Attendees to the Boy Scouts of America’s 2010 National Scout Jamboree this summer will receive contactless-payment “smart” bracelets for use in making payments during the event, which could draw more than 70,000 individuals.

The event takes place in Fort A.P. Hill, Va., from July 26 through Aug. 4, and attendees can use the bracelet to pay for merchandise onsite. Attendees also may use cash or credit or debit cards to make purchases.

Freedom Pay Inc., a Radnor, Pa.-based independent sales organization, will provide the proprietary bracelets and manage the accounts for Wells Fargo Bank NA. FreedomPay also will provide the point-of-sale terminals and enable users to sign up and add funds to the bracelet online.

Parents may add funds to the bracelet account from FreedomPay’s website using a credit or debit card or through a funds transfer from their bank account. FreedomPay was unable to provide specific details concerning how the funds transfers would be handled.

FreedomPay will offer an optional auto-funding feature that automatically adds funds when the user’s account balance reaches $10. FreedomPay will ship the bracelets beginning July 9; the cost for a replacement bracelet is $5.

To set up an account for the Jamboree, users visit the FreedomPay website and pay a one-time $6 administration fee plus 4.25% of funded amount. Fees differ depending on the type of event and the amount of revenue it likely will generate, according to FreedomPay.

As a special incentive through June 25, FreedomPay is waiving the first 4.25% funding fee for loads up to $100, Teri Abel, FreedomPay vice president of professional sales, tells PaymentsSource.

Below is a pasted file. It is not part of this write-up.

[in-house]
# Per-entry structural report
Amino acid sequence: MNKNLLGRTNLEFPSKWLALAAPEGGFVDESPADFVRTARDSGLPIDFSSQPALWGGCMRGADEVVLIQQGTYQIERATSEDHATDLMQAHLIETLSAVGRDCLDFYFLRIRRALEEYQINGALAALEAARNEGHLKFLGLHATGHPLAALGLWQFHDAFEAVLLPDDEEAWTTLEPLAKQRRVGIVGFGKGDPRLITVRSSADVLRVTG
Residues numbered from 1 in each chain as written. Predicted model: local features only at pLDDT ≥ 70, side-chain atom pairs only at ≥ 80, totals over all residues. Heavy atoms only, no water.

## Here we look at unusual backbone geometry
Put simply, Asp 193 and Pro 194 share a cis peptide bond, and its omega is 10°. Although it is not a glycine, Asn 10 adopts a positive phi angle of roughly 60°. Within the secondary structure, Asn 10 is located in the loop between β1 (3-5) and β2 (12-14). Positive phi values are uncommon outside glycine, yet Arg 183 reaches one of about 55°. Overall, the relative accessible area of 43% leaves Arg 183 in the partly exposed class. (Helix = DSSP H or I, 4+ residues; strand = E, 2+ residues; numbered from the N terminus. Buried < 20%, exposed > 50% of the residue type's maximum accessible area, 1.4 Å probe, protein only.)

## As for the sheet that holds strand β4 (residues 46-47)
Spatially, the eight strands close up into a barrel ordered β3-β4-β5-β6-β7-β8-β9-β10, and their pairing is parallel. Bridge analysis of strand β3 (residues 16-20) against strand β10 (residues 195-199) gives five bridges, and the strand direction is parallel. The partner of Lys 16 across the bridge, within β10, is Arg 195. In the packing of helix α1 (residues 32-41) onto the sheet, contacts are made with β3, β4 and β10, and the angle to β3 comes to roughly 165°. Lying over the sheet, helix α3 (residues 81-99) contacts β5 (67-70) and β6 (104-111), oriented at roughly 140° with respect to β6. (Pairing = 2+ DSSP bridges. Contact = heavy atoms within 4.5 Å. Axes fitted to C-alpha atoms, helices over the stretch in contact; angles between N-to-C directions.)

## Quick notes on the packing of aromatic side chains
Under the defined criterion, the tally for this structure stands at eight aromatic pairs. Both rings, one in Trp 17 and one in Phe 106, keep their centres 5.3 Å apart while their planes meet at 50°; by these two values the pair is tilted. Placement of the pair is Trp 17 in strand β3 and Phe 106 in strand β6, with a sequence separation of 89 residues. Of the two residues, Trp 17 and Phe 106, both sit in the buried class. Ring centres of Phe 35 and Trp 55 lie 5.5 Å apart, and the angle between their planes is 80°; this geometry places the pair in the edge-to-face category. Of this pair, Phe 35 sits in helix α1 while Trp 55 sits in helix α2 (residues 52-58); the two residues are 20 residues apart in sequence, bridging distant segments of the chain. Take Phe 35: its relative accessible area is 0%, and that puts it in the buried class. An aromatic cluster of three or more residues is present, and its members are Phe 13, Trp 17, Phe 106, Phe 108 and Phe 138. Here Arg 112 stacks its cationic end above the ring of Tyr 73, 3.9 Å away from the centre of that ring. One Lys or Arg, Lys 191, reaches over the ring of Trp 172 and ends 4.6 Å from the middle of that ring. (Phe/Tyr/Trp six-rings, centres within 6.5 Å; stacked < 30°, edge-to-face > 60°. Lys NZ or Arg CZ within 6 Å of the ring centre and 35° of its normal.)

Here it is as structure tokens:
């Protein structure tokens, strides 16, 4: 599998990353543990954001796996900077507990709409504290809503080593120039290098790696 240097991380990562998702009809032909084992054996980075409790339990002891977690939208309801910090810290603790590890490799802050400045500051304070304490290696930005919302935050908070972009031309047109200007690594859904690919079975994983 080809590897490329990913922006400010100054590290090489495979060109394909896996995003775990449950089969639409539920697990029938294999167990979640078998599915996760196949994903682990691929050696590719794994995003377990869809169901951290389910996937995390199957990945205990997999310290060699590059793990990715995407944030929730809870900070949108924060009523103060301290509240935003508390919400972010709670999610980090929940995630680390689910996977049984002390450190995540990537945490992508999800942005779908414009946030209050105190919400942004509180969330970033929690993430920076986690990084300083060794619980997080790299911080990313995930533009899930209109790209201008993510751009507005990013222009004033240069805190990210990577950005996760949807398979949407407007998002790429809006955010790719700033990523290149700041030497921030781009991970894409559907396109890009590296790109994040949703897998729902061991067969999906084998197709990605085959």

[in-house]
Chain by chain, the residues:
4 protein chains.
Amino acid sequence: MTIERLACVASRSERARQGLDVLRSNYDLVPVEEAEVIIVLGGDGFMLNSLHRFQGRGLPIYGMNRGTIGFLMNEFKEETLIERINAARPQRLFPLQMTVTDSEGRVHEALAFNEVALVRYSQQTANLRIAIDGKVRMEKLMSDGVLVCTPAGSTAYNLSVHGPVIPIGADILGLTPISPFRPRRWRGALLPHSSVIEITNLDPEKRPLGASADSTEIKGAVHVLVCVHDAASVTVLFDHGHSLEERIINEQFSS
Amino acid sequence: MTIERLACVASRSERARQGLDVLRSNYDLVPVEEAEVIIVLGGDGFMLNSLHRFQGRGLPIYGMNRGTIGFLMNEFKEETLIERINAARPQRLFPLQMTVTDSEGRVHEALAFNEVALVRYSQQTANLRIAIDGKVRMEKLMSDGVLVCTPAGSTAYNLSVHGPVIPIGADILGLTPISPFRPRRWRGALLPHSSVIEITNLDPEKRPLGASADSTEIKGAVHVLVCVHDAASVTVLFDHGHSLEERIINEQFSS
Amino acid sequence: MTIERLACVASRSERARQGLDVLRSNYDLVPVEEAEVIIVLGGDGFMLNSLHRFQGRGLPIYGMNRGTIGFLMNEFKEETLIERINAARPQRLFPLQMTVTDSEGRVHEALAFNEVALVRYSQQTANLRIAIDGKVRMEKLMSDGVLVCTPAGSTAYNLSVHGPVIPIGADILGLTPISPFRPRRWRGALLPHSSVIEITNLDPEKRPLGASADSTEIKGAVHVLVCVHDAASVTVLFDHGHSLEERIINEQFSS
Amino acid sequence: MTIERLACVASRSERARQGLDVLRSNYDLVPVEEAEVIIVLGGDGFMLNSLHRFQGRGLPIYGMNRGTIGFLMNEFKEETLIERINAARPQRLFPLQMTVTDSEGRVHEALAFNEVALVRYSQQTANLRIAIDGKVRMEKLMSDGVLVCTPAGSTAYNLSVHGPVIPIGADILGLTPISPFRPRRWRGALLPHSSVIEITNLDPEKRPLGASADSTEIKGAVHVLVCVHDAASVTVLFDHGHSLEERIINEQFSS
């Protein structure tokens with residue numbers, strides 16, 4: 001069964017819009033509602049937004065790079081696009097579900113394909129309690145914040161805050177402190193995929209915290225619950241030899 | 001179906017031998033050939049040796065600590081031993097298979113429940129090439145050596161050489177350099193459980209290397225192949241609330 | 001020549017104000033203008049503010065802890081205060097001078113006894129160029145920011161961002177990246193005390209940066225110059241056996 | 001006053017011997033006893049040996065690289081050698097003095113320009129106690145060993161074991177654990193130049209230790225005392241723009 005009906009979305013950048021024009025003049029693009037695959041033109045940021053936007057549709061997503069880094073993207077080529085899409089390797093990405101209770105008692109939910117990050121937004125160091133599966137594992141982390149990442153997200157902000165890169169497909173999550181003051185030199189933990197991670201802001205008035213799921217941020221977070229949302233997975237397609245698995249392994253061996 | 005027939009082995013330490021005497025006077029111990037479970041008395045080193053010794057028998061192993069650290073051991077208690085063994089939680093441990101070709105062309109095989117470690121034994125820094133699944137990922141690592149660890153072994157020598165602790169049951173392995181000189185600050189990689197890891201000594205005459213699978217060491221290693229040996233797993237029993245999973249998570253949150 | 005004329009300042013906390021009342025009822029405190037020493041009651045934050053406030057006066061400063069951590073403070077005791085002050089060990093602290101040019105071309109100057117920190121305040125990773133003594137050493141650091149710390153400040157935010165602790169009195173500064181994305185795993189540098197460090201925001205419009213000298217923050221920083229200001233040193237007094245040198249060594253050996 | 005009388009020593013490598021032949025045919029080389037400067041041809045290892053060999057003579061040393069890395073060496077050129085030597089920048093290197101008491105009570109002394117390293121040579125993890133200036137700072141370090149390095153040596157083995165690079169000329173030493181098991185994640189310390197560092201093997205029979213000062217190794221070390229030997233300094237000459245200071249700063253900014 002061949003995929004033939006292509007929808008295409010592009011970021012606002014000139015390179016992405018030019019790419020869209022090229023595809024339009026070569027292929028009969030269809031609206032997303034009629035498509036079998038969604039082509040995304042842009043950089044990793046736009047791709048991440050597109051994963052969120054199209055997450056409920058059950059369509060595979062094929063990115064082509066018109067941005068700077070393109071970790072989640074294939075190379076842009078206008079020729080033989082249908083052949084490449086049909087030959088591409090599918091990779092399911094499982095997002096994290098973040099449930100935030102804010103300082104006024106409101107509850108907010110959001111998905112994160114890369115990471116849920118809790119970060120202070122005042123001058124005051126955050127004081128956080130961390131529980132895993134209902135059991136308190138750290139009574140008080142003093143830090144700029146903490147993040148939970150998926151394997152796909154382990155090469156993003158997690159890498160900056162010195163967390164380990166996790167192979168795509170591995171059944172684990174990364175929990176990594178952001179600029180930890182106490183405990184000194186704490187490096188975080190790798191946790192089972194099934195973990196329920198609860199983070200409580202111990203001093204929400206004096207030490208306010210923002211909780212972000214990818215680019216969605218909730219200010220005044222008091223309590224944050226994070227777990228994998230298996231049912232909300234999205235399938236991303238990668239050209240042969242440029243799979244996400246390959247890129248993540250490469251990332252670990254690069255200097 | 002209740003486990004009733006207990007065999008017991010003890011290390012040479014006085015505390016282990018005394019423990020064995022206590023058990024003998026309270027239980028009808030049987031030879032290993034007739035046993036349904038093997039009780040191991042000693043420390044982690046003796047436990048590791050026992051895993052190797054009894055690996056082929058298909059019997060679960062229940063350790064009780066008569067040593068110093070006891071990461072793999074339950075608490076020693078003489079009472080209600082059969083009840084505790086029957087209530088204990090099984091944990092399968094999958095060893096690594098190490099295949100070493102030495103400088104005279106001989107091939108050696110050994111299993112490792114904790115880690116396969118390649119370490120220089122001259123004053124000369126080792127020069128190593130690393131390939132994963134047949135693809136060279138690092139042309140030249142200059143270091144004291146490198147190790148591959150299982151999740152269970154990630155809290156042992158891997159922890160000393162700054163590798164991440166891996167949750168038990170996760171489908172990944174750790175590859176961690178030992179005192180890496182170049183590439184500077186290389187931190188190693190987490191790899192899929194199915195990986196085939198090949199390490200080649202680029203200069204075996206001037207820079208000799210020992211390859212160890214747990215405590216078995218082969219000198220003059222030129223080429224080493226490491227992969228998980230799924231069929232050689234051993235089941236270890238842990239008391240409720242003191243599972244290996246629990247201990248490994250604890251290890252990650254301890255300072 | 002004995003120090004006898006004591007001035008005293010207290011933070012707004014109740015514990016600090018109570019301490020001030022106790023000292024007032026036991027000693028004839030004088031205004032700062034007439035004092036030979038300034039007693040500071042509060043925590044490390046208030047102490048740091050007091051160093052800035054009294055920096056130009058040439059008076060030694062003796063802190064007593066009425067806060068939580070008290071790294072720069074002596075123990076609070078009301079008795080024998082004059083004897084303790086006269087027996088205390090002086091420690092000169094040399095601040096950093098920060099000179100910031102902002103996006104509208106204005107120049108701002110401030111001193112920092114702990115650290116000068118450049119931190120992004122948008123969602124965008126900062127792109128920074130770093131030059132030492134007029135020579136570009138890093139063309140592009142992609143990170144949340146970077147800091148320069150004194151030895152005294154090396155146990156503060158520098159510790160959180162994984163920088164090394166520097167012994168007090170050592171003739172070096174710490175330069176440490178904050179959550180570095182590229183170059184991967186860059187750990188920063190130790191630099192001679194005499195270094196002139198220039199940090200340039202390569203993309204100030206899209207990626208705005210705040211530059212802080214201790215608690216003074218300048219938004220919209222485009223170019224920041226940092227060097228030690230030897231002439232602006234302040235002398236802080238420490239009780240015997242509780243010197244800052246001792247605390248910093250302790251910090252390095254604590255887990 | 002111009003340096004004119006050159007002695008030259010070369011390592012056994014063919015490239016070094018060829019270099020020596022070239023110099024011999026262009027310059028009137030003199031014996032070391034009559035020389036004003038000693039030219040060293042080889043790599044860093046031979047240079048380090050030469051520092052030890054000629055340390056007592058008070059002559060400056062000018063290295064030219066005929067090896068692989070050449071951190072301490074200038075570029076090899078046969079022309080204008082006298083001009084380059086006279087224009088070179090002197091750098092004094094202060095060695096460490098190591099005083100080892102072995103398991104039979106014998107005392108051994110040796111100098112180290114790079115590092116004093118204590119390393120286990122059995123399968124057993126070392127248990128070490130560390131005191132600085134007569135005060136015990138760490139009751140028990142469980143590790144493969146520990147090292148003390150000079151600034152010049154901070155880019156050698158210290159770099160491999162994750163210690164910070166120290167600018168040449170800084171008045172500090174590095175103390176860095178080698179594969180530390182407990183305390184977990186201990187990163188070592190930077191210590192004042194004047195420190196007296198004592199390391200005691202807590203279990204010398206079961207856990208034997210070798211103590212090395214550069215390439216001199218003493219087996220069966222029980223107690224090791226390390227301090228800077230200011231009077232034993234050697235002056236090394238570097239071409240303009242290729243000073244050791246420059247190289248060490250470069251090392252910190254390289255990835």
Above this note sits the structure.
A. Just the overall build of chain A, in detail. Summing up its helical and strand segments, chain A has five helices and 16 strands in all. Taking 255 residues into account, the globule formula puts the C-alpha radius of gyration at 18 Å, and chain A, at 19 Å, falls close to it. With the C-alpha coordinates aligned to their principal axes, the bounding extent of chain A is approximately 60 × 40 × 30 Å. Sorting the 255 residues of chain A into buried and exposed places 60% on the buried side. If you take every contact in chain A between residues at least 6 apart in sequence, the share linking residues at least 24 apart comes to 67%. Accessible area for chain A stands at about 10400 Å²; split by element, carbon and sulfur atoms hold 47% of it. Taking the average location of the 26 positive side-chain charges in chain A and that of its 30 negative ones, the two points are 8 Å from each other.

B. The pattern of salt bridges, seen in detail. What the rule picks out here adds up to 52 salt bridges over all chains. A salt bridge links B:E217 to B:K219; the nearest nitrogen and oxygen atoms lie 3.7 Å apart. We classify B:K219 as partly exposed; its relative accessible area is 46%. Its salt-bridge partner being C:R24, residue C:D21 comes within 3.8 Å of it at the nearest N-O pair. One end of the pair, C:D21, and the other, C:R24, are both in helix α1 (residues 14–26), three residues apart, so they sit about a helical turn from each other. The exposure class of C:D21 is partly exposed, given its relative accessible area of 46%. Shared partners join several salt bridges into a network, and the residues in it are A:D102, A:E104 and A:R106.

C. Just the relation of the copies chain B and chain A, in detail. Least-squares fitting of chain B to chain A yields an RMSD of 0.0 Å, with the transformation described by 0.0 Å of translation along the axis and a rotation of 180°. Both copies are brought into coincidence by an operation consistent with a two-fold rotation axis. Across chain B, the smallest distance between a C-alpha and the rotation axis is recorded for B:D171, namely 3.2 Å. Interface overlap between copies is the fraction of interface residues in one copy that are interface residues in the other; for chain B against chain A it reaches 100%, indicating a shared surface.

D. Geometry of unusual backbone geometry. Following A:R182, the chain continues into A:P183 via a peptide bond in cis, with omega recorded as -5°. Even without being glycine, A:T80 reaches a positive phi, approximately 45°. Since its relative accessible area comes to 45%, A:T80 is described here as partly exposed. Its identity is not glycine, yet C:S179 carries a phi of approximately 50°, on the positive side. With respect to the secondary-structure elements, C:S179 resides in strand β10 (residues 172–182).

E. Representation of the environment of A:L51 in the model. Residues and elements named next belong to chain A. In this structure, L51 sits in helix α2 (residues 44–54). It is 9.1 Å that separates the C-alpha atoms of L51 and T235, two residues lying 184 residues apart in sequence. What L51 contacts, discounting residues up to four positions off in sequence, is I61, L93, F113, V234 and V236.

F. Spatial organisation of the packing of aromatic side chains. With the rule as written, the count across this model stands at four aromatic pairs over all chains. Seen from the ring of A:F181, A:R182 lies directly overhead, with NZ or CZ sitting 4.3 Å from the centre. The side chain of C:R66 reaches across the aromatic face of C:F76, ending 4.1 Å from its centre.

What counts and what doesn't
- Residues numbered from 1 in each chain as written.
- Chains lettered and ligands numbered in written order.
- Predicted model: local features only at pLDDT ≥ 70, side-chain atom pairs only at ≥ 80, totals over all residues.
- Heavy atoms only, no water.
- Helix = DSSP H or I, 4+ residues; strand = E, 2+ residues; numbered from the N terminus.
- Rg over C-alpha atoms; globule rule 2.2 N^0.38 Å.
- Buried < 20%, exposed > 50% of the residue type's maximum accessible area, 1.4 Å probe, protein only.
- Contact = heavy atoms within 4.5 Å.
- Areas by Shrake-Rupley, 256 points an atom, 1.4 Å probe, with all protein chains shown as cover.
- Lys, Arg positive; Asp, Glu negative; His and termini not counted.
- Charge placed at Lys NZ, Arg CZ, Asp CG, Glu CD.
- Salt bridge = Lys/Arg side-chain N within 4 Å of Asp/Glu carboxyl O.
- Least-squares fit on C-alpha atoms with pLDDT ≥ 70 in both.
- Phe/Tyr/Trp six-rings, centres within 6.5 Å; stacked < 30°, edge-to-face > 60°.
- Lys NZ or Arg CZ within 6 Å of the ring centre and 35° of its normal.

The minimum load amount is $50, and FreedomPay recommends parents budget $10 to $20 per day. Freedom Pay automatically will reimburse any remaining balances exceeding $5 when the Jamboree is over.

The set-up fees cover the cost of secure account set-up, Web access to monitor spending, unlimited electronic funding throughout the event and access to on-site FreedomPay representatives.

Jamboree attendees also may purchase bracelets onsite during the event but will pay a $20 fee, Abel adds. The bracelet also has a locking plastic snap to prevent transferring the device from one person to another.

Scouts may use the waterproof smart bracelet at any of the Jamboree concession stands and at the camp store by tapping it on any of the 96 FreedomPay terminals the company is providing, Abel says. The terminals also will accept cash and card payments.

FreedomPay declined to comment on whether merchants pay a fee to accept bracelet payments.

Several other companies and organizations, including Reno, Nev.-based Grand Sierra Resort, have used the bracelets, and FreedomPay plans to expand the contactless-payment method to other venues such as cruises or waterparks, Abel says.

“From the standpoint of children and adults, it’s a safe payment option on vacation to not have to carry around cash or cards. Plus, it gives you a defined budgeting tool,” Beth Robertson, director of payments research at Javelin Strategy and Research in Pleasanton, Calif., tells PaymentsSource.

The reload fees for this bracelet, however, “are on the high side when compared to other reloadable prepaid cards available,” Robertson says.

For example, Wal-Mart Stores Inc. charges a flat reload fee of $3, she notes.

However, though the initial fee might seem high, there are no “monthly maintenance fee or other fees common for reloadable prepaid cards,” she says. Additionally, users may want to consider the “anticipated lifespan” of the bracelet to see if the fees make sense for the length of time they can use the bracelet.

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